The Indian state-owned telecommunications company, BSNL announced that they are providing email addresses in eight regional languages. The company has partnered with Jaipur-based DataMail app which can download on any Android and iOS devices.
In line with government’s vision of making India cashless, BSNL (Bharat Sanchar Nigam Limited) is offering free email services to its broadband users by launching DataMail service. From now onwards BSNL broadband users will be able to open the email ID in their regional language.
“BSNL is also known for its network in the rural and remote India, especially in 2G and 3G data. Launching free linguistic Email address service for its millions of customers is another definite step in fulfilling the dream of digital India taken by the Govt. of India Enterprise, BSNL,” said a release.
According to the Indian Telecom Services Performance Indicator Report released by TRAI, the total internet users in India are about 350.48 million. This estimated number is just 30 percent of the India’s population and remaining 70% is not having access mostly living in rural areas.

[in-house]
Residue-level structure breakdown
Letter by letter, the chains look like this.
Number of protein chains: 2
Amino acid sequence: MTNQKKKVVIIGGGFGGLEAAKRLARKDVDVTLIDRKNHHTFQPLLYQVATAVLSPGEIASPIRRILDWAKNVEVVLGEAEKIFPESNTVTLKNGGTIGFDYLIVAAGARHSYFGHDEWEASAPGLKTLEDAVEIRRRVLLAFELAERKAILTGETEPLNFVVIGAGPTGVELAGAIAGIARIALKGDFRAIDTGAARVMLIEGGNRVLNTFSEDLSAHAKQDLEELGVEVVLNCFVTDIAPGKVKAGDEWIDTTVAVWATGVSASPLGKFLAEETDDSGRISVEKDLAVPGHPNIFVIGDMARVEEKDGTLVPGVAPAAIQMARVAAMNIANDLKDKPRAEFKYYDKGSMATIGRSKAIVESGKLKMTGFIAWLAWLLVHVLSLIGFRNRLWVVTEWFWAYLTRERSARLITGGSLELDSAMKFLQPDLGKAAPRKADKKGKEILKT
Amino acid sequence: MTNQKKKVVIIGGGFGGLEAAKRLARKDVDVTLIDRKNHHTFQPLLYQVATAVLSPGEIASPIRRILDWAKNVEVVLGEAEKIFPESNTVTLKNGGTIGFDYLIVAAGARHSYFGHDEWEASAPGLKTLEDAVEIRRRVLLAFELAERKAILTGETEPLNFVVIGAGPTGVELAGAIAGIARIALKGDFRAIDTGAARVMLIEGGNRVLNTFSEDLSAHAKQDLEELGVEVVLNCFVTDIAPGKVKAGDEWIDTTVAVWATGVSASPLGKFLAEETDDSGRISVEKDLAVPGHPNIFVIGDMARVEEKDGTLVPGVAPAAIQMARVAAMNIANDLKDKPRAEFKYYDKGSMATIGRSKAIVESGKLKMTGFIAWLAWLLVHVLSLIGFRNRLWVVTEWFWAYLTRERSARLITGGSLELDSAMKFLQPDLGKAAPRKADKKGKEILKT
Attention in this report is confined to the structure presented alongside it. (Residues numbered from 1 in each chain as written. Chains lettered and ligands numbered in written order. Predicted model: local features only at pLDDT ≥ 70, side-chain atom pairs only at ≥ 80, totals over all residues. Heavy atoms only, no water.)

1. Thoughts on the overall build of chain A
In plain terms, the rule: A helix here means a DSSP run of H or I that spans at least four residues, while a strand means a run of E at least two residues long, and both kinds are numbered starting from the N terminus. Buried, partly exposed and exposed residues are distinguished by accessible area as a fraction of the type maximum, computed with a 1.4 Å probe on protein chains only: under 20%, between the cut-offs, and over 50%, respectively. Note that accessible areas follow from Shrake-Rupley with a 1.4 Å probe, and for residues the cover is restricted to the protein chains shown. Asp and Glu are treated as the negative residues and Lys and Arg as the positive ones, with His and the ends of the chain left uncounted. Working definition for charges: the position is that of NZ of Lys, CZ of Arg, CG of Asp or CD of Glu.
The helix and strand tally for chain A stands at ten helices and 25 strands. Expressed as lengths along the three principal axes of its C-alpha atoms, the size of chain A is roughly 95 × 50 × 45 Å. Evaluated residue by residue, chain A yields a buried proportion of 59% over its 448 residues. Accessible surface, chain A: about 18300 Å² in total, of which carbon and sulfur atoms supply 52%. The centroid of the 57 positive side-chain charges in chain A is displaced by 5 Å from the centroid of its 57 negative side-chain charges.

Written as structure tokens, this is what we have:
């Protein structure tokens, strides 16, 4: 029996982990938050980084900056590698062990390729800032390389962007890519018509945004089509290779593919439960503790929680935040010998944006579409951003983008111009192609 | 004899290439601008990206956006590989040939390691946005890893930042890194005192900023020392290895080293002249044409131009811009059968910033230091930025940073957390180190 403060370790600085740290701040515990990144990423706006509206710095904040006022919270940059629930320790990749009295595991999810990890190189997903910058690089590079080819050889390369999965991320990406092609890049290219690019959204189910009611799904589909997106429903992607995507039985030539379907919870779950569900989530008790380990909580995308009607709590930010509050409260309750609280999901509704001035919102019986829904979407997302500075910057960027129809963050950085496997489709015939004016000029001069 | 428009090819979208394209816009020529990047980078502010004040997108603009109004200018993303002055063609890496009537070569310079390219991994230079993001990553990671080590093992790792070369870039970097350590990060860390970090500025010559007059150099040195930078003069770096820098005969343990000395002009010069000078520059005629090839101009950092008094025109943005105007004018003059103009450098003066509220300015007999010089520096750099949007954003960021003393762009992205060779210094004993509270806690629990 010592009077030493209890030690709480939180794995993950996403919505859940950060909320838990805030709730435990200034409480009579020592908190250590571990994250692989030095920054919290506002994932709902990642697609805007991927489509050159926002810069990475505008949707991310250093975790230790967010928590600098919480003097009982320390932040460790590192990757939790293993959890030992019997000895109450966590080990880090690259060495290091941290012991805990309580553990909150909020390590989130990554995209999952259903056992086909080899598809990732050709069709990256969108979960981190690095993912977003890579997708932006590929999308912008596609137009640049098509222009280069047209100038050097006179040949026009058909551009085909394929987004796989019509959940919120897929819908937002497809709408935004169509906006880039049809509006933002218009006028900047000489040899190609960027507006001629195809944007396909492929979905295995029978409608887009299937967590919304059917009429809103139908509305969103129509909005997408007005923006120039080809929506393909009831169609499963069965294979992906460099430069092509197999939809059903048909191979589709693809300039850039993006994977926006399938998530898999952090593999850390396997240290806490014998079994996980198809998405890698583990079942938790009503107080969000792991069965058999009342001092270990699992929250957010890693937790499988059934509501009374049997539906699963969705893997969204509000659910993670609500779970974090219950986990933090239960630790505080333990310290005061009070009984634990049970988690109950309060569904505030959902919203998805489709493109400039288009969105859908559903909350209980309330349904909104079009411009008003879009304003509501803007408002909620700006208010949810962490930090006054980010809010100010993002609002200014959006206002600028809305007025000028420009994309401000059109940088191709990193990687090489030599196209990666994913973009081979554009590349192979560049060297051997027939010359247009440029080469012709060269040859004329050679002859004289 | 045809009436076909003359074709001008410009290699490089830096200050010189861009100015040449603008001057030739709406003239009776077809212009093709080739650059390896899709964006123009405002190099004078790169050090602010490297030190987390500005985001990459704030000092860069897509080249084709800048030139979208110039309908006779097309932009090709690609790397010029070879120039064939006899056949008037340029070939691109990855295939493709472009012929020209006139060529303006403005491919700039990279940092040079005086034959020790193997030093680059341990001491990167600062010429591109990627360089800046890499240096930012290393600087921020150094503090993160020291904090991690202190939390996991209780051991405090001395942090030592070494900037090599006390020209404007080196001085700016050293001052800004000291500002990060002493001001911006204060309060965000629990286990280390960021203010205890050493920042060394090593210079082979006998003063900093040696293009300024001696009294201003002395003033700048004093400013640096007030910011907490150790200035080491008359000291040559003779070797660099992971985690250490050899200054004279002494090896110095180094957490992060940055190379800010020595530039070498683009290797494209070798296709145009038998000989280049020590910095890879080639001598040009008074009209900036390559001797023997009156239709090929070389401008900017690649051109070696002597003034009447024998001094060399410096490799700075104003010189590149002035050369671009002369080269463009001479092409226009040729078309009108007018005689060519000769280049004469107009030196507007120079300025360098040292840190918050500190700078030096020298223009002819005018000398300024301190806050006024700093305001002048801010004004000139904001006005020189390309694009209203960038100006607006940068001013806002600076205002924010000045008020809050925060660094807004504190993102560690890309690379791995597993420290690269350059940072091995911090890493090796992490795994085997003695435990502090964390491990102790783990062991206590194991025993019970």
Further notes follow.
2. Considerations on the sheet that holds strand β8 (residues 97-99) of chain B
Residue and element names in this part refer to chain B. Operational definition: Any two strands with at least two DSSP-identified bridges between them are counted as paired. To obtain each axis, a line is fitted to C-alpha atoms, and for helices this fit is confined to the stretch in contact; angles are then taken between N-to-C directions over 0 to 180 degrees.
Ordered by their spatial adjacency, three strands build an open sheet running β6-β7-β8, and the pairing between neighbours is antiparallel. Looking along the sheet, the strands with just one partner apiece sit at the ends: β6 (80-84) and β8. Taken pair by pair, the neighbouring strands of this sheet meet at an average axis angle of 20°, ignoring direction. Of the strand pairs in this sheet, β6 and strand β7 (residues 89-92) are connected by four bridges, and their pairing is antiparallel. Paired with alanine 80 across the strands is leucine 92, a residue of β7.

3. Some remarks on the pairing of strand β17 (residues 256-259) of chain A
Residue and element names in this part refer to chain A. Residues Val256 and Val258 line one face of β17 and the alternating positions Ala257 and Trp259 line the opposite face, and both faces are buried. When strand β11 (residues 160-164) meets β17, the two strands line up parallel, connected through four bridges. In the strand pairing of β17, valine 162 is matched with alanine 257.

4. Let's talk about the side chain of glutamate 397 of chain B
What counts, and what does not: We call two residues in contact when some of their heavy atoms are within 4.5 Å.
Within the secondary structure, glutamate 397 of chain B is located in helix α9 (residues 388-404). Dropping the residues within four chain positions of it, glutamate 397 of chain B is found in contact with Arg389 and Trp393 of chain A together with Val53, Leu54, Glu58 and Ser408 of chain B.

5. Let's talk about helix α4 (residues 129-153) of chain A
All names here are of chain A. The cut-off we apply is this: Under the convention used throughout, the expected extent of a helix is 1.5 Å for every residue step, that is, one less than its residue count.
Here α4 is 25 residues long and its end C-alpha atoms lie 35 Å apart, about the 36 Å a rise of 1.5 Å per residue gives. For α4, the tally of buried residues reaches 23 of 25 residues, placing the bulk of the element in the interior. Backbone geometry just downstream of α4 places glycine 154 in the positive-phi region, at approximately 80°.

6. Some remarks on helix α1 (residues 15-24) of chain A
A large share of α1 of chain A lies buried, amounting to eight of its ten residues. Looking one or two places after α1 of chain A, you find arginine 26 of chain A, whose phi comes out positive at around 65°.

A few months back, Government of India introduced .bharat domain in Indian languages to increase the reach of internet users. With the aim to cover around 70% of the country’s population living in remote areas, the government introduced the domain.
How to get the Datamail :
- BSNL broadband subscribers can download the DataMail from both Android (Play Store) and iOS (App Store) devices.
- The user has to select the respective regional language for the email ID.
- Tap the tick mark on checkbox ‘I am a broadband customer’.
- Enter your mobile number.
- Soon after that, you will receive the OTP via SMS on your registered phone number.
- Now type the email address which you want to use in your own language.
This DataMail service is the world’s first application which supports Indian languages. As per the reports, most spoken languages in India are:
- Hindi, Bengali, Telugu, Marathi, Tamil, Urdu, Gujarati, Kannada, Punjabi and Assamese.